According to the Jon Peddie Research CAD report for 2008 to 2012, the CAD industry has been undergoing a remarkable renaissance over the last five years. Among the factors that account for this growth are:
• hardware advances that put 64-bit, multi-core computers into the mainstream
• a wider acceptance of 3D techniques
• and the marriage of CAD visualization with information management that has helped redefine the CAD industry and extend its relevance throughout a corporate enterprise.
A significant shift is taking place as smaller businesses continue to invest in new technologies to improve their processes and efficiency.
According to JPR’s research, CAD software vendors saw combined revenues of $5,234.95 million in 2007. The CAD software market increased 20% in 2007 compared to 2006 when revenues reached $4,362.45 million. The trend will continue through 2008 in spite of challenges in the U.S. economy that could ripple through worldwide economies. Strong growth continues in the emerging economies that will then offset contractions in the west.
In 2008, the CAD market will grow to $6,024.55 million, an increase of 15%. This is slightly down from an earlier prediction of 18% growth as JPR research sees some vendors facing decreased sales primarily in the architectural fields. In all, however, the CAD industry is growing and will continue to grow through 2012 with a CAGR of 11%.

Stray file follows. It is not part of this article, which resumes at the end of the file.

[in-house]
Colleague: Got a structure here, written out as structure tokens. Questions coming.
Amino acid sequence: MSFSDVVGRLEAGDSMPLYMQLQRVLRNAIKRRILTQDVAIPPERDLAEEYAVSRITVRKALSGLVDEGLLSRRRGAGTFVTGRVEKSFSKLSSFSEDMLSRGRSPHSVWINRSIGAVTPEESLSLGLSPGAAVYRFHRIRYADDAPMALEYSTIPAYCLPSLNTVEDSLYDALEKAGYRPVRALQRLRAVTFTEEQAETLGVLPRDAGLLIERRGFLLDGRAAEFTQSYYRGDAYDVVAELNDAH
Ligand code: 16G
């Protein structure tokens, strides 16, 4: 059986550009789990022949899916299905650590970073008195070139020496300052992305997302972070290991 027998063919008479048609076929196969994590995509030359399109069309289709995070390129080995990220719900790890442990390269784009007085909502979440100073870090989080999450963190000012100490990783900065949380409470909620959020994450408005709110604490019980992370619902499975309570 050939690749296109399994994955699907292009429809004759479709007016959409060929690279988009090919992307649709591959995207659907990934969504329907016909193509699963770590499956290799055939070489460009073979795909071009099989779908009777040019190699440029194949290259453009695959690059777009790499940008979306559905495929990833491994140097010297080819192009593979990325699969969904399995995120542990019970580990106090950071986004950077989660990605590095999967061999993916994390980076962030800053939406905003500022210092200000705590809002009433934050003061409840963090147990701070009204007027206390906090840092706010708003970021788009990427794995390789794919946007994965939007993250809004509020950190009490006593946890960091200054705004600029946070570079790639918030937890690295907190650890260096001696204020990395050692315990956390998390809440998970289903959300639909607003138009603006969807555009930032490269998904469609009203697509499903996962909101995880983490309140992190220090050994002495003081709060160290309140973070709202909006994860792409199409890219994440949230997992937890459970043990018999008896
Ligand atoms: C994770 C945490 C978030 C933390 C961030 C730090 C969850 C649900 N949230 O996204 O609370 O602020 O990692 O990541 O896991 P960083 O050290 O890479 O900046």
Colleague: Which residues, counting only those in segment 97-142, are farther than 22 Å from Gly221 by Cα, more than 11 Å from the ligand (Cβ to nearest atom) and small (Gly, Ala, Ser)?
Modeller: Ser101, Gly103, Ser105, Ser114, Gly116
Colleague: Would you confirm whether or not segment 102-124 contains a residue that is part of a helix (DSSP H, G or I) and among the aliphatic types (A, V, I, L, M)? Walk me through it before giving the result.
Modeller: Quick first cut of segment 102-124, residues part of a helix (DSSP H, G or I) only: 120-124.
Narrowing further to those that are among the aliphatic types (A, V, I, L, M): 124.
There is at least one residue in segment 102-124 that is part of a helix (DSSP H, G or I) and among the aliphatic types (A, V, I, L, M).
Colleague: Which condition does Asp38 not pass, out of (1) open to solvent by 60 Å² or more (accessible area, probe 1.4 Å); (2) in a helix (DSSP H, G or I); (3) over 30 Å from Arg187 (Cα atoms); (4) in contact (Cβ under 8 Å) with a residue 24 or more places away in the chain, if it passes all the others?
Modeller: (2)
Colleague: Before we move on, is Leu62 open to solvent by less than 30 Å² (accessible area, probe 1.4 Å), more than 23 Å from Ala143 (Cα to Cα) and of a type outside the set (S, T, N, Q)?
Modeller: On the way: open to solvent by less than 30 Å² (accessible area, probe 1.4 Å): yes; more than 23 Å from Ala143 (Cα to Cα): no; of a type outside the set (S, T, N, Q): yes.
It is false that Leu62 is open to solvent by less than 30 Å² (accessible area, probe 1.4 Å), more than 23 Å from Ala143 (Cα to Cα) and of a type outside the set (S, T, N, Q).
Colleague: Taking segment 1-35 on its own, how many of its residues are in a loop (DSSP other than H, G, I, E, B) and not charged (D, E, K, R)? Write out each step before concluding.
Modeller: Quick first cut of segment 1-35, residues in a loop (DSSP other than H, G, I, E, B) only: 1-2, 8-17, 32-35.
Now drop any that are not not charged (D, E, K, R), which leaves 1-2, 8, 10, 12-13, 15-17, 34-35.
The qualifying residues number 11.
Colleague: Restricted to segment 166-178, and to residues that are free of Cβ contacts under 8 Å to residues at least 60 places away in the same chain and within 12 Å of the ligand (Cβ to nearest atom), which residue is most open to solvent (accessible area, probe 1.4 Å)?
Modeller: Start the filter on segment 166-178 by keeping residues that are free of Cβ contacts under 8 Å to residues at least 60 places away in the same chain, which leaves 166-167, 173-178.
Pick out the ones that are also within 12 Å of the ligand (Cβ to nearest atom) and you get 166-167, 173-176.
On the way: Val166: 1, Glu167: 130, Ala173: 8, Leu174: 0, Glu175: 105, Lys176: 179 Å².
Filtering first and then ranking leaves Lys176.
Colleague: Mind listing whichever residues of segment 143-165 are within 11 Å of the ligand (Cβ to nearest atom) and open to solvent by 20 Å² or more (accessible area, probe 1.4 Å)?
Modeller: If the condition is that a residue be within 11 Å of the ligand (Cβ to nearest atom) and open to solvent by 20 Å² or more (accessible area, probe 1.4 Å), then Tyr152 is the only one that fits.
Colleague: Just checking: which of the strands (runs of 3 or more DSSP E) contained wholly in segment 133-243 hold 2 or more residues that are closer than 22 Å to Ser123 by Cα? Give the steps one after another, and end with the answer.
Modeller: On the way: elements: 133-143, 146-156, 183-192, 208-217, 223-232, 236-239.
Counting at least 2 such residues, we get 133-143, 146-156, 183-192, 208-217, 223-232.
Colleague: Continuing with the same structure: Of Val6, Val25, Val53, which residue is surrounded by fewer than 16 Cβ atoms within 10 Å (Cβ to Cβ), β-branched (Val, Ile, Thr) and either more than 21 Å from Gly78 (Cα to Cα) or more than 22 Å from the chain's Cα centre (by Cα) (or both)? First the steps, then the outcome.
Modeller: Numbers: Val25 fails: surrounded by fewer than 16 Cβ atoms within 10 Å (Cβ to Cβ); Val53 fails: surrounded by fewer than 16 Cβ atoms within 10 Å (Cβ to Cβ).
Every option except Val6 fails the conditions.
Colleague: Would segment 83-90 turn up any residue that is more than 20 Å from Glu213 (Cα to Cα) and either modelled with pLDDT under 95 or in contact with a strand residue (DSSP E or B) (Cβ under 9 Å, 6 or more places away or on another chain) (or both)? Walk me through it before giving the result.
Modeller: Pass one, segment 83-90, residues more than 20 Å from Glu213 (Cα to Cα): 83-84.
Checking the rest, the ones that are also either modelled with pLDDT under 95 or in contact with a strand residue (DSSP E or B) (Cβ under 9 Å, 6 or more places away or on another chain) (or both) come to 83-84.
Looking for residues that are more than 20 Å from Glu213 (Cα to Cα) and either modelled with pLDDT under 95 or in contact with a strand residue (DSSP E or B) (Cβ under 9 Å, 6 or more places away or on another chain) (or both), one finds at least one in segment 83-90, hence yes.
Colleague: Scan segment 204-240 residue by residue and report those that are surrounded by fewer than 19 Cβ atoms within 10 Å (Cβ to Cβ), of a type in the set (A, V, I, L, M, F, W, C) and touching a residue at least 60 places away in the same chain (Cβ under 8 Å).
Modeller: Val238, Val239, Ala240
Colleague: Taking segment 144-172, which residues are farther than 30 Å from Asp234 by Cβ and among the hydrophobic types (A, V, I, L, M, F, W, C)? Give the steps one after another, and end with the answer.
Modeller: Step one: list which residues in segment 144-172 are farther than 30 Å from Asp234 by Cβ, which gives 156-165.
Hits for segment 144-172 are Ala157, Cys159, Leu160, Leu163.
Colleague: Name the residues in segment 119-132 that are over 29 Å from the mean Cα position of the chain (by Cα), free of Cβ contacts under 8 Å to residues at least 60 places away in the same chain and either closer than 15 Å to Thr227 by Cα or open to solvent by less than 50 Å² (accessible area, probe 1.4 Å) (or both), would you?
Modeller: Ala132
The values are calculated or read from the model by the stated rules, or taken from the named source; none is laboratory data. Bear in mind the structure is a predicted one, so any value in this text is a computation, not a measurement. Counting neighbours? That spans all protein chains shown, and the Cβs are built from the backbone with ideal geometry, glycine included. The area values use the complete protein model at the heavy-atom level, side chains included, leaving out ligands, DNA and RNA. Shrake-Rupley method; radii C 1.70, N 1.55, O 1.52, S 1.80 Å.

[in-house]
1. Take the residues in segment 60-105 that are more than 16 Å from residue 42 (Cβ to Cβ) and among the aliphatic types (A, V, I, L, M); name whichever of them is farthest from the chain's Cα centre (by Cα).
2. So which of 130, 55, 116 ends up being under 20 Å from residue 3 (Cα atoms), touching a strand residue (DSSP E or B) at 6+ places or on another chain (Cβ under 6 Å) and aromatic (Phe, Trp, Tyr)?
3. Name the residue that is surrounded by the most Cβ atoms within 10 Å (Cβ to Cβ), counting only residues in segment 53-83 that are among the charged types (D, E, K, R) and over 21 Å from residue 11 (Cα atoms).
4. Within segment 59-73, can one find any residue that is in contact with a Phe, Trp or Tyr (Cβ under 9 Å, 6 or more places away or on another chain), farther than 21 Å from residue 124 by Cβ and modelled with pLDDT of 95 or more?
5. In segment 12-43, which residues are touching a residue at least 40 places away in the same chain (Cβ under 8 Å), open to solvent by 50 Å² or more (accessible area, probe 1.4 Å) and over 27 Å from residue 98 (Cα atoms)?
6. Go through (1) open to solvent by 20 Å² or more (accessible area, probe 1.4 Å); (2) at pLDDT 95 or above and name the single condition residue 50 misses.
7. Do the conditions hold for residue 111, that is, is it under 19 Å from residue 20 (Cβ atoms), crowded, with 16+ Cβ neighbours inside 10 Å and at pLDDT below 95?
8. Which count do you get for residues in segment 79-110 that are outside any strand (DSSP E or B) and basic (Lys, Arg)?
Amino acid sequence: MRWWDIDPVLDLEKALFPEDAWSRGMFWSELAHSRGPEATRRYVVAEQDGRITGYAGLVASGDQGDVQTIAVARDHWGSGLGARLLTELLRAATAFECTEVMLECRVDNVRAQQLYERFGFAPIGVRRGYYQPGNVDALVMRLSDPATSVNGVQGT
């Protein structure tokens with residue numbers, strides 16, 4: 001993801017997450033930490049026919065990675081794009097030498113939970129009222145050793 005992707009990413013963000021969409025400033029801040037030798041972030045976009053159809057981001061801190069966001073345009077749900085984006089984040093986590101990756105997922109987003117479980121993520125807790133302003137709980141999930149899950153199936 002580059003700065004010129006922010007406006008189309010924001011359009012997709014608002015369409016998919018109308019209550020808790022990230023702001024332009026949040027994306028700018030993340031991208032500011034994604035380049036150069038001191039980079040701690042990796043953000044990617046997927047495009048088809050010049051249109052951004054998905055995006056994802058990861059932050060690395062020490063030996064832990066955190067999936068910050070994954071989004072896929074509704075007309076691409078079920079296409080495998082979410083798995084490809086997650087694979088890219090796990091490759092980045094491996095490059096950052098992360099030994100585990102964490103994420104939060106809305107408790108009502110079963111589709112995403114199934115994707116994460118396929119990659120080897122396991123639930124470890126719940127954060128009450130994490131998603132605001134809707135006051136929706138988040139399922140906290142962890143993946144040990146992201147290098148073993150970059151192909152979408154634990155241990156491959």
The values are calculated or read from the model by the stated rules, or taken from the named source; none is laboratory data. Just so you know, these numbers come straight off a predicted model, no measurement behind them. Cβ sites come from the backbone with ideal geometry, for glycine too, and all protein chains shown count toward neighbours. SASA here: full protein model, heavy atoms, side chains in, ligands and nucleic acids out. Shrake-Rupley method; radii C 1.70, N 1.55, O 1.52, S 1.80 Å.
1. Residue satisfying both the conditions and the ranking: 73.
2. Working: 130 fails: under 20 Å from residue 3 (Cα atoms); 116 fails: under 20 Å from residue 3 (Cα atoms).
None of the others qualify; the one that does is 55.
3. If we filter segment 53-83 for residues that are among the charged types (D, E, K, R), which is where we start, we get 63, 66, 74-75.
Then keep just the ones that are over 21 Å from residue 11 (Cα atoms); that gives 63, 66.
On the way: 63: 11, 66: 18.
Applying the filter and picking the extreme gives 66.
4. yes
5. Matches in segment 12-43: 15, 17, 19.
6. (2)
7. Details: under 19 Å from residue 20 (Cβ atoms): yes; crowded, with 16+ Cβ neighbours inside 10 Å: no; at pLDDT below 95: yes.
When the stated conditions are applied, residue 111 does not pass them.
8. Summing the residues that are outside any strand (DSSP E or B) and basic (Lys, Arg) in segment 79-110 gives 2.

In 2007 the worldwide installed base of CAD users reached 5.31 million, a 20% increase over 2006 when the number of CAD users was 4.42 million.
In 2007 the majority of CAD users, 63% are still working in 2D, and 37% work in 3D. However revenues for 3D CAD programs are higher. Revenues for 3D CAD accounted for 53% of the market and 2D CAD accounted for 47% of the market. This highlights a shift as comparatively fewer users account for a larger share of the revenue. This trend will continue. 2D CAD programs are less expensive than 3D programs and there has been a slow encroachment of 2D CAD programs offered for free by companies hoping to woo 2D users to their 3D products.
The trend to 3D will continue, but not all 2D CAD users will move to 3D. In many cases, such a move means a change of job description. Sometimes, the growth of 3D CAD is happening as professionals add CAD to their portfolio of tools. However, those 2D CAD users who do move to 3D can expect to see increased job prestige and income.
Jon Peddie Research
Filed Under: 3D CAD, Software